A sermon delivered by Rev. Dr. Randy Hammer, March 29, 2015
John 18:28-38a GNT
When the gospel writer John included in his passion story the scene of Pilate questioning Jesus, he was being much more universally prophetic than he could have ever imagined. According to John’s account, Pilate posed two very pointed, all-important questions to Jesus: “Are you a king?” and “What is truth?” Incidentally, all four gospels include Pilate’s first question, “Are you a king?” (or, “Are you the king of the Jews?”). But John alone includes the second question, “What is truth?” Ever since that fateful day, much ink has been spilled, an untold number of books have been written, and many debates have ensued as men and women have tried to answer these two questions—and more—about Jesus. More books probably have been written about Jesus than any other person who has ever lived. Was—is—Jesus the king of the Jews? If not, who was he? And just what is truth when it comes to Jesus, who he was, and his place in world?
As we ponder Pilate’s questions regarding Jesus on this Palm-Passion Sunday, we do well to remind ourselves that those faithful pilgrims who gathered on the Mount of Olives on that first Palm Sunday must have had a variety of preconceptions as to who Jesus was, depending upon each one’s frame of reference. Messiah. Deliverer. Prophet. A new King from the line of David. Bringer of peace. Zealot. Insurrectionist. All of these ideas and more must have been swirling in the minds of those gathered in Jerusalem that day as Jesus made his way down the Mount of Olives on a donkey and into Jerusalem, the seat of Jewish religious power and authority.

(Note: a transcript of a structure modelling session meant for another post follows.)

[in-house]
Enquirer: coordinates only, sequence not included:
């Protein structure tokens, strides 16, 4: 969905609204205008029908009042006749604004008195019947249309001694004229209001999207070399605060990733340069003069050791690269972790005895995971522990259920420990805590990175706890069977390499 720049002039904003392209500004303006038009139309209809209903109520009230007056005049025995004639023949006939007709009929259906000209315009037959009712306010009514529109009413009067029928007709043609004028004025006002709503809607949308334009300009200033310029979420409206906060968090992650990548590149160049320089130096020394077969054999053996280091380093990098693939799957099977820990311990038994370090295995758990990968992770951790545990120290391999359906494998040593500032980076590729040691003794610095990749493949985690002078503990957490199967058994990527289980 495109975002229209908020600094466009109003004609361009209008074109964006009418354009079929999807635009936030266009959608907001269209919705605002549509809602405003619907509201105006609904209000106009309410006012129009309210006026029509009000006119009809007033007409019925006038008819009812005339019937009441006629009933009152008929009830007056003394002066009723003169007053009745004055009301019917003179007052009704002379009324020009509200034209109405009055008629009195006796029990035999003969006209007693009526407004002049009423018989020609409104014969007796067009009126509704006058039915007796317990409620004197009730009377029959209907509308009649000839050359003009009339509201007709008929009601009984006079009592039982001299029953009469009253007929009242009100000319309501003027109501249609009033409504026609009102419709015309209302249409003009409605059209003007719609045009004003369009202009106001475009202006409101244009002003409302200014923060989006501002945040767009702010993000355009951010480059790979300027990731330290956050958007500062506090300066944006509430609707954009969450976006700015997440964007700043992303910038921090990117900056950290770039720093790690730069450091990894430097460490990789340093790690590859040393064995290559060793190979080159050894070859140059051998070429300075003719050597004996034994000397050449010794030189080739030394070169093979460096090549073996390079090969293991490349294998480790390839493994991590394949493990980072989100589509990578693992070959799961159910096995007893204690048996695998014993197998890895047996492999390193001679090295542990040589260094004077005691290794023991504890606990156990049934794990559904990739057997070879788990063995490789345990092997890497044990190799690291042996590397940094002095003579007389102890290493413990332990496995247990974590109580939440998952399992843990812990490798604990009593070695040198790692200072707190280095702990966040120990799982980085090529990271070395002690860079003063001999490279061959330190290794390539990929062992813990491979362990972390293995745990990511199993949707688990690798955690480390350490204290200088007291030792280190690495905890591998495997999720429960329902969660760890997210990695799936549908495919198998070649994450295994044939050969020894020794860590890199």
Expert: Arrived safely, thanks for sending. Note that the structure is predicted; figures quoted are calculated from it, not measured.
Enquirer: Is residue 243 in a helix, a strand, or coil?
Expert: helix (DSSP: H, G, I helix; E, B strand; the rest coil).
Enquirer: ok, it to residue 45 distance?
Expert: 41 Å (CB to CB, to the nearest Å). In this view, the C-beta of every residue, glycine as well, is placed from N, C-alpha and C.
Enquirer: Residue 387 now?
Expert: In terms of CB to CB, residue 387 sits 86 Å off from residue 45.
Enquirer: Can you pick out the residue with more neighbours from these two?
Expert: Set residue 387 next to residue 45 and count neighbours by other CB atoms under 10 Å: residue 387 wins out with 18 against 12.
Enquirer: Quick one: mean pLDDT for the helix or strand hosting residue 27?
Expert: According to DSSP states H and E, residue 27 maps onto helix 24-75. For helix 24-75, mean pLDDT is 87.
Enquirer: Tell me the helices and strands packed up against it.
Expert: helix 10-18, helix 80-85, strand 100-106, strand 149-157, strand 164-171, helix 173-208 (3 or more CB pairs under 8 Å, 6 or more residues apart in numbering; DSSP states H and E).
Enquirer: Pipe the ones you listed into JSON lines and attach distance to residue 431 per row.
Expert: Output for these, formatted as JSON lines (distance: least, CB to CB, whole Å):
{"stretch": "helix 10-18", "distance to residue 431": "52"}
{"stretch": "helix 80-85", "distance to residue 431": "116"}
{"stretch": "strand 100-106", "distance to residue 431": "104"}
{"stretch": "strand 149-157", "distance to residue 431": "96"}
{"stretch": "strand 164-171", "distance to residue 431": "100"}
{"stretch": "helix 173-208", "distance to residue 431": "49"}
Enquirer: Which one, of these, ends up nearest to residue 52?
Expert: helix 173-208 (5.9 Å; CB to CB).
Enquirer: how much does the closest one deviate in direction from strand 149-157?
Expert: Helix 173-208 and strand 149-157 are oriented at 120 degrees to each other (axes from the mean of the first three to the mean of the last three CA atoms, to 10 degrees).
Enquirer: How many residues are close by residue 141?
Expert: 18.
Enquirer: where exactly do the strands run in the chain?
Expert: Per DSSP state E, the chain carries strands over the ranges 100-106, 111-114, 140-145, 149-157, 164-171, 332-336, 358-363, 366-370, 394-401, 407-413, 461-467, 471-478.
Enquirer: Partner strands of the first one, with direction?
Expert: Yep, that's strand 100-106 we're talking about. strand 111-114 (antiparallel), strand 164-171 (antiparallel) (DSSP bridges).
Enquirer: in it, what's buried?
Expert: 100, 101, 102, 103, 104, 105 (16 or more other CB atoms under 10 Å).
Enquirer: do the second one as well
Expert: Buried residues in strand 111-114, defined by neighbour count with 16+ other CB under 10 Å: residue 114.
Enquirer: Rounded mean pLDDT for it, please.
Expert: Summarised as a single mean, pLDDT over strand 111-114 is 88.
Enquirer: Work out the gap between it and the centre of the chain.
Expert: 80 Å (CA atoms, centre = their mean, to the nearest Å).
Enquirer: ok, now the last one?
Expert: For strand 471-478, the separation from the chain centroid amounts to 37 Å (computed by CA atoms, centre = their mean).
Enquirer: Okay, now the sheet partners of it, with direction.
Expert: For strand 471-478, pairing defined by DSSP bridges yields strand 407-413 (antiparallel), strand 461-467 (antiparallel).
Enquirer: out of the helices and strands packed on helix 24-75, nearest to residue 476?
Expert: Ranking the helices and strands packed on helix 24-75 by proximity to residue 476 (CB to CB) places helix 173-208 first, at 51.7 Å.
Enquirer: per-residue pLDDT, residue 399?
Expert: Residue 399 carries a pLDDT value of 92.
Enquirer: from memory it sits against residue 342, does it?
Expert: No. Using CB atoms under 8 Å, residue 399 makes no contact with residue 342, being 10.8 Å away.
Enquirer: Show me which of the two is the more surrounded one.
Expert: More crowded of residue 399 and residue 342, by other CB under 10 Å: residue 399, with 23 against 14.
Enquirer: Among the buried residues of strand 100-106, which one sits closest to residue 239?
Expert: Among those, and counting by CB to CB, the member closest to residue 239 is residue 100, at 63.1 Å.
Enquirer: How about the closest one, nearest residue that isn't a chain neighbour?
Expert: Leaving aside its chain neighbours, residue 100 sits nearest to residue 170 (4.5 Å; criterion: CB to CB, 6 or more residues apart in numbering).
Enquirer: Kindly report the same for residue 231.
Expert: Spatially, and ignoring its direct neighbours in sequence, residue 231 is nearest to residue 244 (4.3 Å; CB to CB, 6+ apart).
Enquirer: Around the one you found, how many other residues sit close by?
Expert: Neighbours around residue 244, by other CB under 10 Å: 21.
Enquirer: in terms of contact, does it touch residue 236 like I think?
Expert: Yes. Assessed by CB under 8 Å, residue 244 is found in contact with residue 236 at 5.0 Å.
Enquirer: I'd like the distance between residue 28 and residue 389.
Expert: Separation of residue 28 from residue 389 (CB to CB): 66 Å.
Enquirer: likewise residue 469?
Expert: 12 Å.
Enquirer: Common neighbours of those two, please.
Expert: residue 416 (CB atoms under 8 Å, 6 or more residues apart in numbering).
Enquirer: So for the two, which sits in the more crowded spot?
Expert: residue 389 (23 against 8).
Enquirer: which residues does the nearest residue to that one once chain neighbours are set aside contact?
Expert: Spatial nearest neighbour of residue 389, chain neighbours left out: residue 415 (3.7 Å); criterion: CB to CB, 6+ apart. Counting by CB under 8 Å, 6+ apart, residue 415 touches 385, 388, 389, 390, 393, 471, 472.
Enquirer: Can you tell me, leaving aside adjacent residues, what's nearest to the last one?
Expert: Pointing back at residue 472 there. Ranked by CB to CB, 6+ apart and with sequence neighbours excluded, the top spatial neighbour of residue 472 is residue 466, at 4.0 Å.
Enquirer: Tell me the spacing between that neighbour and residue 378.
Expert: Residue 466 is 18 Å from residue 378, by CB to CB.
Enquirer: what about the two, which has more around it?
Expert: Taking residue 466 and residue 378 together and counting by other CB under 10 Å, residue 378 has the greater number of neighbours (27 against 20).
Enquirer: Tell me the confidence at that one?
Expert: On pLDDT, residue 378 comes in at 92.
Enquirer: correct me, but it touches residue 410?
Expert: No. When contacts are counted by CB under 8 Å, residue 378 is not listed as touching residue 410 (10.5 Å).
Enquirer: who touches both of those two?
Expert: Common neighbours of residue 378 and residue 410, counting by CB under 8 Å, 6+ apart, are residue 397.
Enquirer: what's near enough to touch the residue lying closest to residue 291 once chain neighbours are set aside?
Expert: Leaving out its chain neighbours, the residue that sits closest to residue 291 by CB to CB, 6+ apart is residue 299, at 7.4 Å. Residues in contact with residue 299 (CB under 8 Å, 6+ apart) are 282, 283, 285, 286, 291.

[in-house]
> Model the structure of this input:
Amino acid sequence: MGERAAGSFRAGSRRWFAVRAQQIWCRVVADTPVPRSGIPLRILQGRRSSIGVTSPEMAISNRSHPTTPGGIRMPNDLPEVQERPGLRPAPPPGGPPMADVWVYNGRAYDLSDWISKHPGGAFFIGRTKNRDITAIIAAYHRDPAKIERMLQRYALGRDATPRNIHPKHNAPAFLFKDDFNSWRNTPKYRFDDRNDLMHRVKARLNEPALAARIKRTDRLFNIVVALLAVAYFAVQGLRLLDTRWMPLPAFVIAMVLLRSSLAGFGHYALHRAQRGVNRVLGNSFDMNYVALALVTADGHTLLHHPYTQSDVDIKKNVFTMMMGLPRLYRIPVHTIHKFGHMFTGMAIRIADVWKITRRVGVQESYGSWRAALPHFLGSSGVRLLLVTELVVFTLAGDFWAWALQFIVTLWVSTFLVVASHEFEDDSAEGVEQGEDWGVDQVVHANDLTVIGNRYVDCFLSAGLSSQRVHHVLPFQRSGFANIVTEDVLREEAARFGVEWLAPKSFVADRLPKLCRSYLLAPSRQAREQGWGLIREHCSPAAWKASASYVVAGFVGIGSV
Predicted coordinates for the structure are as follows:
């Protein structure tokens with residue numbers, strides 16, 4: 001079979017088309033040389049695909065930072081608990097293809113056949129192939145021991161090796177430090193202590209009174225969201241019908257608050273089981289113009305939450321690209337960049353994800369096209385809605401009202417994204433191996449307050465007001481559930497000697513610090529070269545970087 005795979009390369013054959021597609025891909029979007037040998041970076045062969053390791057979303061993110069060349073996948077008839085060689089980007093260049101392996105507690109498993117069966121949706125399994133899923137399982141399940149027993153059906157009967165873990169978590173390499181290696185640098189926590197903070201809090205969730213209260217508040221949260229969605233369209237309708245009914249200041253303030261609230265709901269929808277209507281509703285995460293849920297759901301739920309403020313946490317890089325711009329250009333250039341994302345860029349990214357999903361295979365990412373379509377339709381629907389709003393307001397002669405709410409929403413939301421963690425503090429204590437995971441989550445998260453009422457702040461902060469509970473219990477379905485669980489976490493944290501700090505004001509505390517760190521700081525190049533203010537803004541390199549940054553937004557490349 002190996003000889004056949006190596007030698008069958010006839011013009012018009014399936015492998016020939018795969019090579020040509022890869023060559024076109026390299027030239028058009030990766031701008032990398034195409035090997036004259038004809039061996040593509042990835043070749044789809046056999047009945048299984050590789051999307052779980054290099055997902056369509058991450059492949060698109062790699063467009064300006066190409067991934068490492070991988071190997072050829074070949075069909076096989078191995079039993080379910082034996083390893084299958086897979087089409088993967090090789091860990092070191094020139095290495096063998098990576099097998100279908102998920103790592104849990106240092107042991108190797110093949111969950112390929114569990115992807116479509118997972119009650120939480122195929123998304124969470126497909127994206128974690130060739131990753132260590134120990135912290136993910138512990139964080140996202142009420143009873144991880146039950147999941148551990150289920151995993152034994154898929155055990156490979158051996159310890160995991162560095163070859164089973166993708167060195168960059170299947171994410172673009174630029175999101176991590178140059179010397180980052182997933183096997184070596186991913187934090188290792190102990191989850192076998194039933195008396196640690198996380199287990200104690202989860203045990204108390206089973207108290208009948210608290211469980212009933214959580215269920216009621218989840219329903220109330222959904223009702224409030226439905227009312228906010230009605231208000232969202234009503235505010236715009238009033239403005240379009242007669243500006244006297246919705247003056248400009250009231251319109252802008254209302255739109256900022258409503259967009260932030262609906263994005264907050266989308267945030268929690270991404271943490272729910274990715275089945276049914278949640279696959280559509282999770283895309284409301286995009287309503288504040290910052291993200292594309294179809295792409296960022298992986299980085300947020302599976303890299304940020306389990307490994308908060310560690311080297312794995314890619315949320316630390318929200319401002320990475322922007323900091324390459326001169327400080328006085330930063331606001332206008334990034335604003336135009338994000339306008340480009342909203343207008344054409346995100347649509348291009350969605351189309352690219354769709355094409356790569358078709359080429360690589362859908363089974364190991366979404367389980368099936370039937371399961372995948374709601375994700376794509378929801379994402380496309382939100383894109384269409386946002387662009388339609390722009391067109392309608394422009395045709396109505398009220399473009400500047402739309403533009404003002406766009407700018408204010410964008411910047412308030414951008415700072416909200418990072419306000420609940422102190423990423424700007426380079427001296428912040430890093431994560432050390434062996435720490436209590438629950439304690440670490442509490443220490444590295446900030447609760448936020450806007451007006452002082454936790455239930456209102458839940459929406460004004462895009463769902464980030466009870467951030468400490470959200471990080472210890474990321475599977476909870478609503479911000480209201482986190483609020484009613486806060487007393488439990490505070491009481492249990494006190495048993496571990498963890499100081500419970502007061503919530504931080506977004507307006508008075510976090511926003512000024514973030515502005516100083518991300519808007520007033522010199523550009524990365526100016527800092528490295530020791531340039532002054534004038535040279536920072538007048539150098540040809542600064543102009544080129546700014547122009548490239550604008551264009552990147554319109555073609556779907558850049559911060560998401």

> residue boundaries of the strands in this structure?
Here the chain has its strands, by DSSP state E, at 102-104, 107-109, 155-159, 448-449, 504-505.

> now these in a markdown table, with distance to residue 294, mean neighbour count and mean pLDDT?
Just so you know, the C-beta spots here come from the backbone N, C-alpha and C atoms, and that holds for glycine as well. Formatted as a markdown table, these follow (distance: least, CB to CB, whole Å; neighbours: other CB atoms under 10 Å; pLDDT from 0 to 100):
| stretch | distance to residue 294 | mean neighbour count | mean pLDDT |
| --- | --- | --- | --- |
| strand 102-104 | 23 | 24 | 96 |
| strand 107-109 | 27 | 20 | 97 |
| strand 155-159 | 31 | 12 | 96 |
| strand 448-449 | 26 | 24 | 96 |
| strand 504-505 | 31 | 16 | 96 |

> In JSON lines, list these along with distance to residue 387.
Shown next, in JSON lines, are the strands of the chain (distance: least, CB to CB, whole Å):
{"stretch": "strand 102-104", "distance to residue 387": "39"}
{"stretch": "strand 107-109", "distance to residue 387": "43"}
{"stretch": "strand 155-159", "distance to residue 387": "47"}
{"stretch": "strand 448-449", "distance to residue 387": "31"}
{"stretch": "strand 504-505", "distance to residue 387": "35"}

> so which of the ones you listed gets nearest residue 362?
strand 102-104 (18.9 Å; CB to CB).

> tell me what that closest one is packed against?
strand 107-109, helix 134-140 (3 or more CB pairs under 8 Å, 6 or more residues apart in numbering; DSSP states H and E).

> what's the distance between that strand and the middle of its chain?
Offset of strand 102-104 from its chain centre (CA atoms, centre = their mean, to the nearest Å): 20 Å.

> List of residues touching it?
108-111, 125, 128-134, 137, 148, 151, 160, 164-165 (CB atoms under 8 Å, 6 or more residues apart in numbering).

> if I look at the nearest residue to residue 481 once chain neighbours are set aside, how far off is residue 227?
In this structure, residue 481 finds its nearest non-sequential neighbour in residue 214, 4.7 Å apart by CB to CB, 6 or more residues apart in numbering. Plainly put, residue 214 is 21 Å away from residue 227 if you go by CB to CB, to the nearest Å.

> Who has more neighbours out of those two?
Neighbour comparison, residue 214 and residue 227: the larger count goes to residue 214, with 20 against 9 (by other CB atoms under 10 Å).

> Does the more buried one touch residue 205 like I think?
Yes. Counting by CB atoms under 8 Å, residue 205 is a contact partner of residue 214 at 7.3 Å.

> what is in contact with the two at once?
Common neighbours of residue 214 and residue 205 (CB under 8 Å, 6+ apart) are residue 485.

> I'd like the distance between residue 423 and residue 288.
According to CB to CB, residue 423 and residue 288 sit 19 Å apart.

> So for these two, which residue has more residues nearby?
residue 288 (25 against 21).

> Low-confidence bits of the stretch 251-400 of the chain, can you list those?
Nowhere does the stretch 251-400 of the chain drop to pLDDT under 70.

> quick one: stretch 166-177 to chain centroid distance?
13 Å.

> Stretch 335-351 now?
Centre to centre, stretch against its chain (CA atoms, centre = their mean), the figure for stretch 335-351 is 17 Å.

But the question regarding the true Jesus is as relevant today as ever. On Interstate 40, coming from Crossville toward Oak Ridge, at mile marker 315, there is a giant billboard that reads, “Who is Jesus?” And below the question a phone number is given that one can call to learn “The Truth.”
As we consider the person of Jesus at the start of this Holy Week, we find that the Jesus that has come down to us through history is a Jesus of many different faces. That is to say, there is no one, universally-accepted, golden standard of Jesus that is honored in churches across the world. No, the perceptions that people have of Jesus are many and varied.
Within the pages of the New Testament alone we find several different portrayals of Jesus, including, but not limited to, the long-awaited Messiah who would deliver Israel from their enemies and release them from the hold of the mighty Roman Empire; to an itinerant rabbi who taught in parables and shed new light on what it means to be a child of God; to a compassionate faith healer who went about doing good; to the One chosen by God to oppose and conquer the forces of evil; to the advocate for justice for the marginalized and oppressed; to the Lamb of God who would become the atoning sacrifice for the sins of the whole world. These are just some of the faces of Jesus that we see in our New Testament; there are more.
But there are other faces of Jesus that prevailed in the early decades of Christianity that didn’t even survive, as Bart Erhman, Professor of Religious Studies at the University of North Carolina at Chapel Hill, elaborates upon in the course titled Lost Christianities that the adult Sunday school class is viewing on Sunday mornings.1 Early Christianity was very diverse, much more diverse than most Christians today probably would like to admit. It was only when Constantine in the early fourth century felt the need to unify the Christian religion that many forms of early Christianity (and many conceptions of Jesus as well) were weeded out and declared heretical.
Some 100 years ago, the great humanitarian, African doctor, biblical scholar, and writer Albert Schweitzer sought in his monumental work published in 1906 (translated into English in 1910), The Quest of the Historical Jesus, to go back in time and recover the true Jesus stripped of all the layers of interpretation that his followers had placed upon him over the centuries. Basically, Schweitzer concluded that modern man really cannot understand the real Jesus, since we are so far removed from the time in which Jesus lived. But basically, Schweitzer concluded that Jesus epitomized “late Jewish eschatology,” believing that the end of time was imminent, and that his preaching and ministry would help bring about the end of history.